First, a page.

Another difference I noticed is the importance of nature and outdoor life to Norwegians. Many people in Norway spend a lot of time in nature, be it hiking, skiing or just taking a walk.
As a participant in the Erasmus Plus program, I had a unique opportunity to explore a new country, experience a different culture and meet new friends. A very big advantage for me was that I was able to improve my English at the same time. My tip for future students looking to go abroad is to prepare, it can be challenging at first, but it’s definitely worth it. A positive attitude and openness to new experiences are particularly important. Learning a few basic words and phrases in the local language beforehand in order to be able to communicate better is also helpful and I recommend it.
In summary, I had a great stay in Norway and I am grateful for the opportunity to participate in this exchange program. I will always remember this experience and hope to return sometime in the future to see more of Norway.
„De var bare SÅ søde!”
Visit of Danish students at AVS
After Mr. Frahm and Ms. Hoffmann visited the Ørestad Gymnasium in Copenhagen in September 2022 with a group of 13 students from Q2e, eight Danish students accompanied by a German teacher visited the AVS.
On March 28th and 29th the Danish guests experienced everyday school life at a German high school, tried out their German language skills and got to know Itzehoe as well as the school. They were taken by the hand by ten AVS students. In addition to the time in class, the harmonious exchange group also used time slots in the afternoon and in the evening to exchange ideas and get to know each other. In addition to everyday topics such as German/Danish music, the group also touched on more political issues such as the Danish “Jantelov”.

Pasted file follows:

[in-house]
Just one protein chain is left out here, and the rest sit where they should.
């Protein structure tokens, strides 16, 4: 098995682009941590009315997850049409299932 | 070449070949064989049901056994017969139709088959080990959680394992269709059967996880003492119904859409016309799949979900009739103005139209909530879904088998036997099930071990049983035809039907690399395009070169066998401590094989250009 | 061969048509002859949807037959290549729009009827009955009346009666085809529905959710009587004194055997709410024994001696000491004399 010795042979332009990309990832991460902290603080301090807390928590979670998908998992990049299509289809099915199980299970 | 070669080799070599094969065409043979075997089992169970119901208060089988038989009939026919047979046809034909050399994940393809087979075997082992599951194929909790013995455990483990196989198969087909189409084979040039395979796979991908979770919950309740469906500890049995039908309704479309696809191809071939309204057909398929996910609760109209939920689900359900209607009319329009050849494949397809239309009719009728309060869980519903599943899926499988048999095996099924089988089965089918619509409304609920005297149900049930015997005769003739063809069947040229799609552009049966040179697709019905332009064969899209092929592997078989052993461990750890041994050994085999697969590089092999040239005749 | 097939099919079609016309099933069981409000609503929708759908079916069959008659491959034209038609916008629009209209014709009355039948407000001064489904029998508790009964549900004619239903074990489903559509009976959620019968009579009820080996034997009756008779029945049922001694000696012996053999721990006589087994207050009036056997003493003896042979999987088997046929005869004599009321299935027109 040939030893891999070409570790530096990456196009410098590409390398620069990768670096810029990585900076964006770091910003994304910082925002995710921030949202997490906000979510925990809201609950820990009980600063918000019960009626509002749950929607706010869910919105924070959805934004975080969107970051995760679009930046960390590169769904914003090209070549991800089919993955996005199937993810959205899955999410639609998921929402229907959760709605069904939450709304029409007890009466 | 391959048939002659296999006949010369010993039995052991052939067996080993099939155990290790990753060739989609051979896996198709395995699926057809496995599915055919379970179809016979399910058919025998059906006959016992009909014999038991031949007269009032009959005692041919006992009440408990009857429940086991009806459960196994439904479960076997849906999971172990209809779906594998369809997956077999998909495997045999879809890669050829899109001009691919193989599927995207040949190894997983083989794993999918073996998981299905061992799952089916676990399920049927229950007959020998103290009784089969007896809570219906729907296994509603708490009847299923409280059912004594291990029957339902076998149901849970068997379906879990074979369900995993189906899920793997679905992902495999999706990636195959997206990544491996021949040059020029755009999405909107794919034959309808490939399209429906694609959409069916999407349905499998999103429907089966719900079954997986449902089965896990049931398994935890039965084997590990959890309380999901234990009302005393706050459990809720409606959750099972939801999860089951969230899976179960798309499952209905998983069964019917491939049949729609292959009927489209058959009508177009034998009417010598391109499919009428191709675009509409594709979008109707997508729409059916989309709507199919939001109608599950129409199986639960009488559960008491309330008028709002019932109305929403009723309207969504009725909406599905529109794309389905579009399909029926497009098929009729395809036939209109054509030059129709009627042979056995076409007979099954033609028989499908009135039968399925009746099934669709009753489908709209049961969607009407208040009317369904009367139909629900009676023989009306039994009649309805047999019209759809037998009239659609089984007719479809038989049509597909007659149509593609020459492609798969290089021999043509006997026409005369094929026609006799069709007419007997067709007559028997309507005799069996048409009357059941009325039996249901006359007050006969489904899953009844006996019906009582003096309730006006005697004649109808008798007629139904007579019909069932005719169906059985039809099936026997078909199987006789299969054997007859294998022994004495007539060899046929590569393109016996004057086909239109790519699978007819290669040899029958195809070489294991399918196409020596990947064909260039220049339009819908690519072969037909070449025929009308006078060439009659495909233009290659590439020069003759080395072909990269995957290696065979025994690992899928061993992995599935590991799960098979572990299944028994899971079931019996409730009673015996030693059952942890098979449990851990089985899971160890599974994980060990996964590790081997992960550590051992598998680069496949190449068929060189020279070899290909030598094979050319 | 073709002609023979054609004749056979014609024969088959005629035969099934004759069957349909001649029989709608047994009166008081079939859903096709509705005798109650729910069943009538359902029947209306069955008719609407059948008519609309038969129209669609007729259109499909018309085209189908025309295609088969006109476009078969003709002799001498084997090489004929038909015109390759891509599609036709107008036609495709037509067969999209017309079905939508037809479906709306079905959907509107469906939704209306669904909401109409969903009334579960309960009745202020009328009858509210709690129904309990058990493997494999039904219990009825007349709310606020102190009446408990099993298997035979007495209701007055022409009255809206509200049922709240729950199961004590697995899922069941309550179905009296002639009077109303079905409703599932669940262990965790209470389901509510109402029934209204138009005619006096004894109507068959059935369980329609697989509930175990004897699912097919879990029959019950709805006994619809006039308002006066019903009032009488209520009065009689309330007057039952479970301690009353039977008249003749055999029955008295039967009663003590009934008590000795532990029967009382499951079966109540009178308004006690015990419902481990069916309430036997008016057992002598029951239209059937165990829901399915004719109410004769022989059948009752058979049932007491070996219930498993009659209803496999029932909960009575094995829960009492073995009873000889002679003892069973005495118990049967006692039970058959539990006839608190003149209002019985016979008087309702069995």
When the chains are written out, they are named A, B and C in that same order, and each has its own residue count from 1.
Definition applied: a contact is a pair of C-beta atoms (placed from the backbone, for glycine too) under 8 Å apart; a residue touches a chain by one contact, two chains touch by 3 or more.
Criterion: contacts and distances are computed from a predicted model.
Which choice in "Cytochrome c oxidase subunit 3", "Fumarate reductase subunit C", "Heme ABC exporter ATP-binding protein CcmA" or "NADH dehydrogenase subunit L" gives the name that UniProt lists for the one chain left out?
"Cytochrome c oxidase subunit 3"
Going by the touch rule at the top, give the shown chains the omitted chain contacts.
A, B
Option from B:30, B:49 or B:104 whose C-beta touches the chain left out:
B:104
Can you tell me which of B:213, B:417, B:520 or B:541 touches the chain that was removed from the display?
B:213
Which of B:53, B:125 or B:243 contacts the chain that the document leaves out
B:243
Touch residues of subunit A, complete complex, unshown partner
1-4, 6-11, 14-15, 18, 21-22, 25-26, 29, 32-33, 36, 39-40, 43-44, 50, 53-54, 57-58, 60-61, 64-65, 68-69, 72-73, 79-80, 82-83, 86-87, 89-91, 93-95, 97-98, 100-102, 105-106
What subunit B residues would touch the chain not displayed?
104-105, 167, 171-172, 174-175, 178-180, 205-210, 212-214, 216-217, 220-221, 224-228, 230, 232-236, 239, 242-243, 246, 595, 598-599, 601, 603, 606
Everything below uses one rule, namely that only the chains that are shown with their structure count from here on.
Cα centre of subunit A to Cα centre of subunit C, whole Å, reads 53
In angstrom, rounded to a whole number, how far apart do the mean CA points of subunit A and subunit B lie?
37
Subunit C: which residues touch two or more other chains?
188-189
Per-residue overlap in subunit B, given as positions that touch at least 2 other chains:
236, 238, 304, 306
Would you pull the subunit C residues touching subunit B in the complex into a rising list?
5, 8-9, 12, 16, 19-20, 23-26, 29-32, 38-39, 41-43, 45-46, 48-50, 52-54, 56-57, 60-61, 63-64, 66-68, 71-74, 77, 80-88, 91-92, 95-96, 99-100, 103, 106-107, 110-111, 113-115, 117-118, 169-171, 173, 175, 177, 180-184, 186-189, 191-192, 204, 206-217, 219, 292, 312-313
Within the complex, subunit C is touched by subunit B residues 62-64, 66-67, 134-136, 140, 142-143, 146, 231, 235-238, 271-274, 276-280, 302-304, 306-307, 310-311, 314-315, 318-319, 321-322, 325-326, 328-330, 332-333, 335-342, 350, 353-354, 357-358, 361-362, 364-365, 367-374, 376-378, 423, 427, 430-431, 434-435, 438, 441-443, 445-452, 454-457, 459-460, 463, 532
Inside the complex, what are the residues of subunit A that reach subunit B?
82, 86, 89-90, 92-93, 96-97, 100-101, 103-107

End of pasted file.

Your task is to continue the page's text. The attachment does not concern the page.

Everyone involved experienced the visit as a great (personal/communicative/social) enrichment, and after the first get-together a Danish student raved about the AVS students being “SÅ søde”. While another group from Denmark will come and visit AVS at the end of April, the next trip of AVS students to Copenhagen is scheduled for September 2023.
“My highlight was the exchange with the Danish students”
Students of the Q2e on their visitt to the Ørestad Gymnasium in Copenhagen
As early as April 2022, Ms. Kopp and Mr. Frahm made their first visit to the Ørestad Gymnasium in Copenhagen to establish a long-term cooperation between the schools. At the end of September, 13 students of the Q2e left for Copenhagen, accompanied by Ms. Hoffmann and Mr. Frahm, to realise the first Erasmus+ funded project with the new partner school in Copenhagen.
In terms of content, Timothy Snyder’s ideas for promoting democracy were the focus of the project, in addition to the general exchange about everyday school and personal life. The basic text had been worked on in advance by both classes in their geography classes, so that options for promoting democracy in everyday life could then be discussed on site in Copenhagen.
In addition to the substantive work in the classroom, there was also time on the trip to see the impressive school building on the island of Amager and the entire Danish capital with its innovative (bicycle) infrastructure, ‘hygge’ city center and imposing new buildings on foot, by bike, in the driverless metro or by boat.
The final conclusion about the trip to Copenhagen was very positive. Not only Lorenz (Q2e) thought that the exchange with the Danish students was one of the highlights. This is particularly pleasing because preparations for further visits are already planned – in Copenhagen but also in Itzehoe – so that other students of the senior classes will also be able to benefit from the cooperation between the AVS and Ørestad Gymnasium in the future.
Author: Benjamin Frahm
As part of our Erasmus activities, I took part in a seminar in Sweden that was about getting to know the Swedish school system.
There are many differences to our system: All students go to school together up to the 10th grade.
From the tenth to the twelfth grade you can then attend a school, if the grades are good enough, where you can do the A level.